Wounded Knee Creek
In the frozen waste of the Badlands I sigh
under the snow for those who fell here
I remember the red-stained white snow
churned into mud and blood by fear
I hold in my white arms the memory
of frightened people running like deer
Between my banks the water still flows
to honor them, tear by helpless tear
(© Chris Alba)
On Dec. 29, 1890, along Wounded Knee creek in South Dakota, 146 Sioux people were massacred by the U.S. Army. Nearly half of them were women and children. They were retreating as ordered to the Pine Ridge reservation.
Surrounded by a force of more than 350 men armed with cannon and guns, the Sioux had given up what rifles they had and were powwowing with cavalry leaders about the ordered retreat. Their old chief, Big Foot, was bleeding from pneumonia.
The phenomenon known as the Ghost Dance had recently led to a resurgence of resistance by the native tribes to the reservations demanded by the U.S. government. The Ghost Dance vision foresaw the return of the buffalo, and a new freedom for the Indian. Officials feared it would lead to native uprisings against whites.
U.S. government Indian police killed Sioux holy man Sitting Bull on Dec. 15. Chief Big Foot led the surviving members of the tribe toward the Pine Ridge reservation as commanded.
During the powwow, a single gunshot was heard. Immediately the cavalry, including mounted guns, erupted into gunfire at point-blank range. Half of the Sioux people were killed outright, along with 25 soldiers from “friendly fire.” Many of the remaining Sioux were tracked and killed. A few survived to make the trip to Pine Ridge.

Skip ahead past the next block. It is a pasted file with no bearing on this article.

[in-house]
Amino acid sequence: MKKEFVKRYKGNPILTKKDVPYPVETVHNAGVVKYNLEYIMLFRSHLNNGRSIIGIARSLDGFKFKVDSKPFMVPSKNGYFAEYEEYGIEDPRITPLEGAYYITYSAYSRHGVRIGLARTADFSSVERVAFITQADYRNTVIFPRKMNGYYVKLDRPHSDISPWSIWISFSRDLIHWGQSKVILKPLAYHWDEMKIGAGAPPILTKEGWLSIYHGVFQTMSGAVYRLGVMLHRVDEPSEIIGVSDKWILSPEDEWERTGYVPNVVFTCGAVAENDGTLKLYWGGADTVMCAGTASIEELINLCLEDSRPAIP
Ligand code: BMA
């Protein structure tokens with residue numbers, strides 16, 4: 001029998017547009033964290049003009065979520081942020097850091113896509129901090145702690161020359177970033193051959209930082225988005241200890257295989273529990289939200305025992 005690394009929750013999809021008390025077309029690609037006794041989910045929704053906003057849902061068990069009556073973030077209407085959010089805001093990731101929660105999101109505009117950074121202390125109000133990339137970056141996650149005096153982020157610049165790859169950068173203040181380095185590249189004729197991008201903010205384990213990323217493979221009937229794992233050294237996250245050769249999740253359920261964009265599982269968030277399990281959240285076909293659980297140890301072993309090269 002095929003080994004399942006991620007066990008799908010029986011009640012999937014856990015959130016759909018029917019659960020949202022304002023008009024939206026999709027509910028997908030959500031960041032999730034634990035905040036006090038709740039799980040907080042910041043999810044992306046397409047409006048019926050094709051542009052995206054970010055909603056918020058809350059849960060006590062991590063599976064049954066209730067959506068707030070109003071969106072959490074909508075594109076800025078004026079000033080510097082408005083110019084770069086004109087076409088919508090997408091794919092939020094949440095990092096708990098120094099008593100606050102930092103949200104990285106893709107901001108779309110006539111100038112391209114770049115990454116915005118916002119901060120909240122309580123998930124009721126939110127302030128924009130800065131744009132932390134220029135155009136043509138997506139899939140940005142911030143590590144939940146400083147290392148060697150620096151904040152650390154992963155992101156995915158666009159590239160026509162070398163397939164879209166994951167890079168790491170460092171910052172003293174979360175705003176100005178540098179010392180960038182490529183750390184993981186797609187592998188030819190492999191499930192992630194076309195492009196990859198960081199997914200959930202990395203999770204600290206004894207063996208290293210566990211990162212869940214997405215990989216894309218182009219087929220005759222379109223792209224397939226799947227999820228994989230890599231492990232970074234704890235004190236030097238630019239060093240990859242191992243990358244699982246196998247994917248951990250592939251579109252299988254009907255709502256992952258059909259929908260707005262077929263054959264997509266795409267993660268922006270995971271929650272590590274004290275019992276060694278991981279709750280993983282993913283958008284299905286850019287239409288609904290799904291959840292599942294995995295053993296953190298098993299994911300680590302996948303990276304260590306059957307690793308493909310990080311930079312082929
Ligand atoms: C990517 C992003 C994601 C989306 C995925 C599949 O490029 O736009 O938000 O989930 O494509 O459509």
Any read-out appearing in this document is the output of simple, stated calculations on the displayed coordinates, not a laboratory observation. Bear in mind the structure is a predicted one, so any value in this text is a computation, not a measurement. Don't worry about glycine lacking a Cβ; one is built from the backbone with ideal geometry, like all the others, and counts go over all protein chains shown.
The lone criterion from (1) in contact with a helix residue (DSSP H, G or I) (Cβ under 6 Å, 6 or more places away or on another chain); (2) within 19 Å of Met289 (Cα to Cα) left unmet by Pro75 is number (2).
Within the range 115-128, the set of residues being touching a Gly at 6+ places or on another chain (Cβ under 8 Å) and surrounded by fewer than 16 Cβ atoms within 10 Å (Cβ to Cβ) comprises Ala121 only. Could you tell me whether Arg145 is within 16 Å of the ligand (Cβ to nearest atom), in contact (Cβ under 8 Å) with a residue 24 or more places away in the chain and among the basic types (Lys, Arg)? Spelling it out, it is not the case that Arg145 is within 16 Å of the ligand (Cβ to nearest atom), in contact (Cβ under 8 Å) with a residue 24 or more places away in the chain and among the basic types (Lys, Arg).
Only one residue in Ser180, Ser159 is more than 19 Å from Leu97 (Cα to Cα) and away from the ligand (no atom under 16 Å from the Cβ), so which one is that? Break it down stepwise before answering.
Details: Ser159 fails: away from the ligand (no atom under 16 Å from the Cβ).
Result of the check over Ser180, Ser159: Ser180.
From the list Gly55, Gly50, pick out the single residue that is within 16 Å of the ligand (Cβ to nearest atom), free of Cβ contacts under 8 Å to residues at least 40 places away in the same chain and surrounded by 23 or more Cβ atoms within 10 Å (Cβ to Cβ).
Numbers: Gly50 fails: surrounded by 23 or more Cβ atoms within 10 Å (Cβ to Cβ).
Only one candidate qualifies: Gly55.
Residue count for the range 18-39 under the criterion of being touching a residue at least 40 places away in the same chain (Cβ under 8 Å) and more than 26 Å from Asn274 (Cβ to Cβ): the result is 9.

The U.S. government awarded 20 Medals of Honor to the Army 7th Cavalry.
The photos here, from top to bottom are: Sioux Chief Big Foot, dead at Wounded Knee (from the National Archives); chief Sitting Bull, killed two weeks earlier in Standing Rock; and burial of the dead at Wounded Knee (from the Library of Congress).
With special thanks to Mark Durfee of The Walking Man (see my blog roll), you’ll find an awesome ballad of the massacre at Wounded Knee here: The Ghost Dance by Robbie Robertson
The saga of Wounded Knee didn’t end in 1890.
By February 1973, corruption within the Bureau of Indian Affairs and the Tribal Council was at an all-time high. Tension on the Pine Ridge Indian reservation was building and quickly getting out of control.
Elders of the Lakota Nation (known as the Sioux) asked for assistance from the American Indian Movement (AIM), an activist group of mixed tribes. This brought to a head more than a hundred years of racial tension and appalling treatment by the U.S. government.
On that winter day in 1973, a large group of armed Native Americans reclaimed the village of Wounded Knee in the name of the Lakota Nation. They were quickly surrounded by U.S. Marshals and military troops with automatic weapons, who cut off roads and food supplies to the town.
The siege lasted 71 days. It ended in an armed battle with U.S. forces. Two AIM members died by gunfire. One U.S. Marshal was paralyzed.
I sat in the audience as AIM member Dennis Banks spoke at my university a few years later. I’ve never forgotten the experience.
The massacre at Wounded Knee was the end of the Indians' free reign in this country. The siege of Wounded Knee was the beginning of a new Indian groundswell for freedom from the reins of government control
There’s a very fine book about the westward expansion of the U.S and its destruction of the Native American people, called Bury My Heart at Wounded Knee, by Dee Brown. It culminates with the massacre at Wounded Knee, which is generally considered to be the end of the Indian Wars. You can find Wikipedia’s discussion of it HERE.
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